There is light at the end of the Covid-19 tunnel for China, however aftershocks around the world remain. Investment sentiment has been pushed into an ultra-cautionary mode due to rising uncertainty about the novel coronavirus’s spread around the world and the economic impact this will have.
Until last week, global investors may have been too complacent about the coronavirus. Despite the coronavirus rampaging through China, there was strangely little impact on global markets. The final week of February saw the S&P 500 having its single biggest daily decline since 2008 and overall dropping 13%, while the US 10-year Treasury yield plunged from 1.46% to 1.13%.
Market participants have certainly woken up and are now pricing in global recession, but have they overcompensated?
Uncertainty remains high
We have seen a rapid and dramatic correction as a result of the news flow around the Covid-19 outbreak. This appears to be an overreaction, although we would not be surprised to see the sell-off continue as uncertainty remains high on key issues: ease of contraction, length of time a person can be infected and contagious without showing symptoms, mortality rates, and length of time before the infection rate stabilizes globally.
However, for many other countries, the number of infected is rising rapidly. And while there are various measures being employed to slow the spread of Covid-19, in general they are likely to be less effective than the actions taken by the Chinese government.
For most major economies, depending on how the virus develops, we see the risk of a significant negative impact on growth through the second quarter of 2020 and possibly longer. We believe some countries’ economies will experience a V shaped recovery while others will experience a U-shaped recovery, depending on the length of time the contagion spreads without stabilization, as well as the policy response of each respective country. At this juncture, we believe it is more likely that the US experiences a V shaped recovery given favorable economic conditions in the country.
In order to remediate the health crisis, Chinese authorities have sacrificed the majority of Q1 economic activity. After posting a 50.0 reading in January, China’s manufacturing PMI dipped to 35.7 in February1. When compared to consensus expectations at 45, the market certainly underestimated the coronavirus and the economic impact from the government’s related policies to stem the spread.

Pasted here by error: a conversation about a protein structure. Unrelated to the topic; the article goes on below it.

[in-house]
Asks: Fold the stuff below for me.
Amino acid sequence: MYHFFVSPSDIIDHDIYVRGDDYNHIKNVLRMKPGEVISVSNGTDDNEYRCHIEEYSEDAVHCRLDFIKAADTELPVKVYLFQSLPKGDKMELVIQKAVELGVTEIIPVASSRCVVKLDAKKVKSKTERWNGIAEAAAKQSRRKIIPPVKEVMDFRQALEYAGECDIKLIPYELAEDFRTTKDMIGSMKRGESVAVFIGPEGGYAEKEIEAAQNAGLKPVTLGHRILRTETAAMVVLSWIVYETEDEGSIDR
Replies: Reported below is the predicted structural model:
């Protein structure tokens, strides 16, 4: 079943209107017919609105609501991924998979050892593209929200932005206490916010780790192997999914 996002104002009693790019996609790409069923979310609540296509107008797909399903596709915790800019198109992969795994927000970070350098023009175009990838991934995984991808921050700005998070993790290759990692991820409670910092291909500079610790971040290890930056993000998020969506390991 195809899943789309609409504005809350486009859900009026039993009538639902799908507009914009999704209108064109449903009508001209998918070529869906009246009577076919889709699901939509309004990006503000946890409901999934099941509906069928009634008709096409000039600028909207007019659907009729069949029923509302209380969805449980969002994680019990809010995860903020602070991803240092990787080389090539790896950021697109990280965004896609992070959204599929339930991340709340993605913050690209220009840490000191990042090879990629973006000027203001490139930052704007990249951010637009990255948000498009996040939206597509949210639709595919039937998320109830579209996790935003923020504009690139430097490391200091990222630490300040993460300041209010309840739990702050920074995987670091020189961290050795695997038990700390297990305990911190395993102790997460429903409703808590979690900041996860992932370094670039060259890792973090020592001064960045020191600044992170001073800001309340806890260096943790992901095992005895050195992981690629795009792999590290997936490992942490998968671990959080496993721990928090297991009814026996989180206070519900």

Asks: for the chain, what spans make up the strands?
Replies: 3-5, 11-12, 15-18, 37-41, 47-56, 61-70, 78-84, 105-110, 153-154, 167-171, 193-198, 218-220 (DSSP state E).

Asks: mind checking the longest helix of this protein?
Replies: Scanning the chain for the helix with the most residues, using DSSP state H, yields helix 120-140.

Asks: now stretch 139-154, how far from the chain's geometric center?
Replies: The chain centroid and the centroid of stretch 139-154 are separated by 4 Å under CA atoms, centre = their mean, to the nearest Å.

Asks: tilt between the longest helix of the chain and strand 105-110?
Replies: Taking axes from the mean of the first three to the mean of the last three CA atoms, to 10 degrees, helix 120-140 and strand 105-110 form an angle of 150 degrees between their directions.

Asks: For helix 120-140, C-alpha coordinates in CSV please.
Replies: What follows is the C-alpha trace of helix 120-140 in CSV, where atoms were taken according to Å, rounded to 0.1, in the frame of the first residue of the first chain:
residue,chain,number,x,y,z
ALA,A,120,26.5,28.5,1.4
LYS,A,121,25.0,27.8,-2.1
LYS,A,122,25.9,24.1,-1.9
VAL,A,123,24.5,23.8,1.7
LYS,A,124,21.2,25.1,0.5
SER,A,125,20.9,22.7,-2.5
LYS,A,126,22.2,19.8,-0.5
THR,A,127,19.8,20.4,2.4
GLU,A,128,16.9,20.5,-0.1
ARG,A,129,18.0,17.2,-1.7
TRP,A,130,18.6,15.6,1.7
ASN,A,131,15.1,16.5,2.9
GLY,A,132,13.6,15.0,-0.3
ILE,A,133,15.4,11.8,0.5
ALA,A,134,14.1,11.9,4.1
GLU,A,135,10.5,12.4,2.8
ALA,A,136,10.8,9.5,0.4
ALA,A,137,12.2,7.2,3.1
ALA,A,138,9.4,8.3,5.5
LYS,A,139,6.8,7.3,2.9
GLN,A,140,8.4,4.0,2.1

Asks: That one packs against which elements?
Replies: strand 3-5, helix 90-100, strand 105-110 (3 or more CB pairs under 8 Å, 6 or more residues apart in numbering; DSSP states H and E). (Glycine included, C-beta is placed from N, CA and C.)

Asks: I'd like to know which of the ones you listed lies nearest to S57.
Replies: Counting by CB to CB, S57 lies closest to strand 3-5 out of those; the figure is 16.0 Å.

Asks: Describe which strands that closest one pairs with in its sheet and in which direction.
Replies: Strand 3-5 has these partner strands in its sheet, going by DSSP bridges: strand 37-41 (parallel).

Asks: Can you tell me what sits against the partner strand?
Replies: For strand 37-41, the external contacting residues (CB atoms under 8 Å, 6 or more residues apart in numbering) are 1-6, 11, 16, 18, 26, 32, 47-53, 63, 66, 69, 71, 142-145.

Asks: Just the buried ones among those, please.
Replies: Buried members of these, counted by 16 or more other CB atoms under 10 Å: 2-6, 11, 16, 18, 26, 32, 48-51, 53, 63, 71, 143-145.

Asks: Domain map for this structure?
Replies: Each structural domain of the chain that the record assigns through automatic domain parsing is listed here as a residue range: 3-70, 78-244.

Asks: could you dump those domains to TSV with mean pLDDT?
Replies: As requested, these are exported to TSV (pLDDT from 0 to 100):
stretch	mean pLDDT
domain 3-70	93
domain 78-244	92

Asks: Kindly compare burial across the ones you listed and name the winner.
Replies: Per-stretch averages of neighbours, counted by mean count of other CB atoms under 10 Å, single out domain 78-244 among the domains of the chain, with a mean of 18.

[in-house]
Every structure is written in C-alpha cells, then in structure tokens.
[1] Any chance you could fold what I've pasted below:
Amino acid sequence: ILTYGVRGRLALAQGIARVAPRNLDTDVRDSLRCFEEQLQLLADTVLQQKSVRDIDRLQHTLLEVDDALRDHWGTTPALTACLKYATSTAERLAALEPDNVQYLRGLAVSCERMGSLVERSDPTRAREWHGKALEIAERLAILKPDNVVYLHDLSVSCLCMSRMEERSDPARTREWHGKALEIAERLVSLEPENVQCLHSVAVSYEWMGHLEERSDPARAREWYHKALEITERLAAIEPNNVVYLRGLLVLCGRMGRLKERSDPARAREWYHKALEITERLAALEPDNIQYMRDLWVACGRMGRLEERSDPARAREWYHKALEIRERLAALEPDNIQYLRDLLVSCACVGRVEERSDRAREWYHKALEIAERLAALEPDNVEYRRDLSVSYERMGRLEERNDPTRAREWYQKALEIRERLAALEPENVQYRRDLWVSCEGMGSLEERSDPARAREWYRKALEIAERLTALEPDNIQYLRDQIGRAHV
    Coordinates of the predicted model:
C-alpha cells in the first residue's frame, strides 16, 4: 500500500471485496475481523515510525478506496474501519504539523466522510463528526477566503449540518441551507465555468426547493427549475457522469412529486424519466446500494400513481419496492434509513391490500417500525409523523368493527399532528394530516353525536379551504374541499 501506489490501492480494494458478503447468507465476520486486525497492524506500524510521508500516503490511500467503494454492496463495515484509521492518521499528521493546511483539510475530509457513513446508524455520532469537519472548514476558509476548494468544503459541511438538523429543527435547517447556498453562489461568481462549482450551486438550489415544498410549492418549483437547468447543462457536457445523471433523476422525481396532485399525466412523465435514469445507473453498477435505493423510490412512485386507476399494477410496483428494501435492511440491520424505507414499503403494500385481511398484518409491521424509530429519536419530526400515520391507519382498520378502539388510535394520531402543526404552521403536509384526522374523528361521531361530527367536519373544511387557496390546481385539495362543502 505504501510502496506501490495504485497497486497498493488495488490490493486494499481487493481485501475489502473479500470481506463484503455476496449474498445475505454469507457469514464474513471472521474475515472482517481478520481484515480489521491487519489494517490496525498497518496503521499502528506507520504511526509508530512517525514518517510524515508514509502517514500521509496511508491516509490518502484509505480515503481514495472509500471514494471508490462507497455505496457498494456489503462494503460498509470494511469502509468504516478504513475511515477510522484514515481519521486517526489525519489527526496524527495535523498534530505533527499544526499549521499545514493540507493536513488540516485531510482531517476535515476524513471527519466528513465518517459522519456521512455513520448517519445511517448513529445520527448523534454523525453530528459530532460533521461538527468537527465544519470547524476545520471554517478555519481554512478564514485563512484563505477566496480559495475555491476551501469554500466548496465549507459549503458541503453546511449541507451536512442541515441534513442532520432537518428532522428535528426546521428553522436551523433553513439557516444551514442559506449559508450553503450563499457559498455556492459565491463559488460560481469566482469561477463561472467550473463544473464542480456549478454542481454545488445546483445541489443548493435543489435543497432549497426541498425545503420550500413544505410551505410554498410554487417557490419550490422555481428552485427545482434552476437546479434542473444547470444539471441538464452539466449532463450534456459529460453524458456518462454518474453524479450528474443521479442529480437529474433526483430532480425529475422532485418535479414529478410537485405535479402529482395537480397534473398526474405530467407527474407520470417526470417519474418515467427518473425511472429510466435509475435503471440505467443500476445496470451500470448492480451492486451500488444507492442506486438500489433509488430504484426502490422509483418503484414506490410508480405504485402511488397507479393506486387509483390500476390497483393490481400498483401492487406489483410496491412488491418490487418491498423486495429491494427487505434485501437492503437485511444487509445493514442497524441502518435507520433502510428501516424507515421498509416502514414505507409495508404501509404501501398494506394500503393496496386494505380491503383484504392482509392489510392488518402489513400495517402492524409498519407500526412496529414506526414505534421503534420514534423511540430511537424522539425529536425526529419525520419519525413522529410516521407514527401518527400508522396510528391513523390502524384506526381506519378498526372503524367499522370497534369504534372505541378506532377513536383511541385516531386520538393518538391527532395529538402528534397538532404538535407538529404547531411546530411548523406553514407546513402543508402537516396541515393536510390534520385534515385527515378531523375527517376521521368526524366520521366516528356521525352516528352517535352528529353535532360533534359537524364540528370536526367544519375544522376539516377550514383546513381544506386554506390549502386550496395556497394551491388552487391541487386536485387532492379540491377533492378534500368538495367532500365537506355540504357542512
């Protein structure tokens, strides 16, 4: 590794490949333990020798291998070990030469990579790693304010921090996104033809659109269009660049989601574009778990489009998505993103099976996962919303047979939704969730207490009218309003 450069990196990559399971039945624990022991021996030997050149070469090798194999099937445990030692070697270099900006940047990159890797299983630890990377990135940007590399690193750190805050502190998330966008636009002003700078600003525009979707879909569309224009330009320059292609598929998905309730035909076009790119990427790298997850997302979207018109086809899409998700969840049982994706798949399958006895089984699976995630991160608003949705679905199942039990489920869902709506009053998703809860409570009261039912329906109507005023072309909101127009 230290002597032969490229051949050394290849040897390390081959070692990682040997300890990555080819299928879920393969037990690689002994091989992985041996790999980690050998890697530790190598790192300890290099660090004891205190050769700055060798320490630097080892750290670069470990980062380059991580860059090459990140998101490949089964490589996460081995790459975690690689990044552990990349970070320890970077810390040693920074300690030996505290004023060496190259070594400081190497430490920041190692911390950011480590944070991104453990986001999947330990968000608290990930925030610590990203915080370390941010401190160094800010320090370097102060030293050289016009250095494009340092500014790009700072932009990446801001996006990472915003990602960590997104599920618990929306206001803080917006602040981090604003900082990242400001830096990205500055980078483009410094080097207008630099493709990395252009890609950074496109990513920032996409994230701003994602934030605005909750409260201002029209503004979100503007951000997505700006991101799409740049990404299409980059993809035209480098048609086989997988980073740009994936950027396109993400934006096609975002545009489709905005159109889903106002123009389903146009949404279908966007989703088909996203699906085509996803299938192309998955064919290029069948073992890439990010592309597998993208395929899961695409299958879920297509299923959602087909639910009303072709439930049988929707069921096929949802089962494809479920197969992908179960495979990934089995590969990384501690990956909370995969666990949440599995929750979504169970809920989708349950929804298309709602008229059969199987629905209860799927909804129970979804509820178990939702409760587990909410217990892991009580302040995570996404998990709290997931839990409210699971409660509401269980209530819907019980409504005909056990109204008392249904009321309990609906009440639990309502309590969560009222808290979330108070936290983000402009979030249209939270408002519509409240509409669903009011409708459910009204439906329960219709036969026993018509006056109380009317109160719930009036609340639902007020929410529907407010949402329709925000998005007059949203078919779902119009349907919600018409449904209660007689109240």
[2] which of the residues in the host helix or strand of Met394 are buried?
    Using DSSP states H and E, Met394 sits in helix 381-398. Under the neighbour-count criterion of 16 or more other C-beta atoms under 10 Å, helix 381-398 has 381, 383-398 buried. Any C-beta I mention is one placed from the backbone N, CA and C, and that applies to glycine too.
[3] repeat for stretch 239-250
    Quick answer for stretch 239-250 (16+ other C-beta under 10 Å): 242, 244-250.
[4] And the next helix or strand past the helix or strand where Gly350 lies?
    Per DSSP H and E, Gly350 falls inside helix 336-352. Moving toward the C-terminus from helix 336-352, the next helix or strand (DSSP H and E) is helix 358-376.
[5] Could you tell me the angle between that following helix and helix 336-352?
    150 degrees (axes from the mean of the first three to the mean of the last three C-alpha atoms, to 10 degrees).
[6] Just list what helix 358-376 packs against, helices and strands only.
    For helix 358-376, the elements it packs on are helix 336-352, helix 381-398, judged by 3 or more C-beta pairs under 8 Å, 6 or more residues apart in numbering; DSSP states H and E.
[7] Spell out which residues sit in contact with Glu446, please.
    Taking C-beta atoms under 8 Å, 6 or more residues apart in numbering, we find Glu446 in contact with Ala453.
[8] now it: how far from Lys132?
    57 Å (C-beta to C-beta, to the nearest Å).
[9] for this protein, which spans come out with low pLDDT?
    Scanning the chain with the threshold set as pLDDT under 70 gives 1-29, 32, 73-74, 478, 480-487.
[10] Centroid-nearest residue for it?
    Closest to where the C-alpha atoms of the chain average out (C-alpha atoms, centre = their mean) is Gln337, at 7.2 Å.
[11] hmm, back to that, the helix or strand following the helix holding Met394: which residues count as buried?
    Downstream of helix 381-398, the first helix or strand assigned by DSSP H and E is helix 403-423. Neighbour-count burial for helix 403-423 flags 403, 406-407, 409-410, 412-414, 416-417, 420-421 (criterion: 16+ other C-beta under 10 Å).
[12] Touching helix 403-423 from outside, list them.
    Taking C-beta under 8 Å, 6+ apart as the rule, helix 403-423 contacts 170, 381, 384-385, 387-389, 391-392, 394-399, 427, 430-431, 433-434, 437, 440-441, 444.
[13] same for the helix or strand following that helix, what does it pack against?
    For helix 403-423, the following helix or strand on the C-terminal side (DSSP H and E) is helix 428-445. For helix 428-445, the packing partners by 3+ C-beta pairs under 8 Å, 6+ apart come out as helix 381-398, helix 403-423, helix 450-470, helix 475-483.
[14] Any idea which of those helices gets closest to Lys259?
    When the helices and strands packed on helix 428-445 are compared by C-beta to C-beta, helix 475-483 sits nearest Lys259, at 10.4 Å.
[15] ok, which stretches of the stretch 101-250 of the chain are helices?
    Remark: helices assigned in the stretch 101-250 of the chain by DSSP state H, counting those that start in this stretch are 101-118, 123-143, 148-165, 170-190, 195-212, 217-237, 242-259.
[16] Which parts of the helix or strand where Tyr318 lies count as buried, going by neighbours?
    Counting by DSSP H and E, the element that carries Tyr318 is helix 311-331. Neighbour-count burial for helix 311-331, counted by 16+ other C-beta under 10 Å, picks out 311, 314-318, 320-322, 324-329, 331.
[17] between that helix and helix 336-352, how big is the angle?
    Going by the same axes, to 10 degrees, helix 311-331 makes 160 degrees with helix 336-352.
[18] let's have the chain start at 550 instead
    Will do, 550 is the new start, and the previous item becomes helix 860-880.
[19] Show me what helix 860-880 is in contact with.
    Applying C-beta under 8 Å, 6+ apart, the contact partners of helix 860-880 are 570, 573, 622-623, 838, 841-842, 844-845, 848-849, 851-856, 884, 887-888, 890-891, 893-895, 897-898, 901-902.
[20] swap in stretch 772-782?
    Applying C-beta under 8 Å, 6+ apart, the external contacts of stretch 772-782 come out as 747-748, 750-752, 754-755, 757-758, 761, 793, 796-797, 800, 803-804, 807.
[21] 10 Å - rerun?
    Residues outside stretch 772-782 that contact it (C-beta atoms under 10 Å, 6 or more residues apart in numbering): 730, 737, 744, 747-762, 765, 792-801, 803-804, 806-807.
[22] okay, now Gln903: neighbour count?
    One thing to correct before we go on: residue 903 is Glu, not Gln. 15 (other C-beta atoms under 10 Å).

Although market participants can continue to expect very negative economic data points to come out of China for the near term, initial indications suggest that the worst is behind us. The epidemic is no longer in its escalation phase, as measured by the number of new daily infections and the government is restoring economic order outside Hubei. A sense of normalcy is starting to take shape in many parts of China.
In terms of earnings, we of course expect an earnings recovery in Chinese equities first. It will take longer for an earnings recovery for other major stock markets given where they are in the contagion cycle.
As the outbreak worsens outside of China – we are closely watching whether the coronavirus will impact global supply chains and international trade. Attention is now shifting to the economic impact on China’s most important trading partners in Asia and whether these governments will take as aggressive actions to curtail the spread of the coronavirus.
While we are unsure of the timeline of this contagion, we believe it will be relatively short term in nature. At this juncture, we expect it will not have a substantial impact on the global economy beyond 2020.
We expect an adequate policy response from most major economies, although it will likely be primarily monetary for developed countries. China is continuing to provide significant stimulus, both monetary and fiscal, to help support its economy. Fed Chair Jay Powell issued a statement of reassurance on Friday: “The fundamentals of the US economy remain strong. However, the coronavirus poses evolving risks to economic activity. The Federal Reserve is closely monitoring developments and their implications for the economic outlook.” This indicates the Fed stands ready to act and provide monetary accommodation if needed.
Asset class implications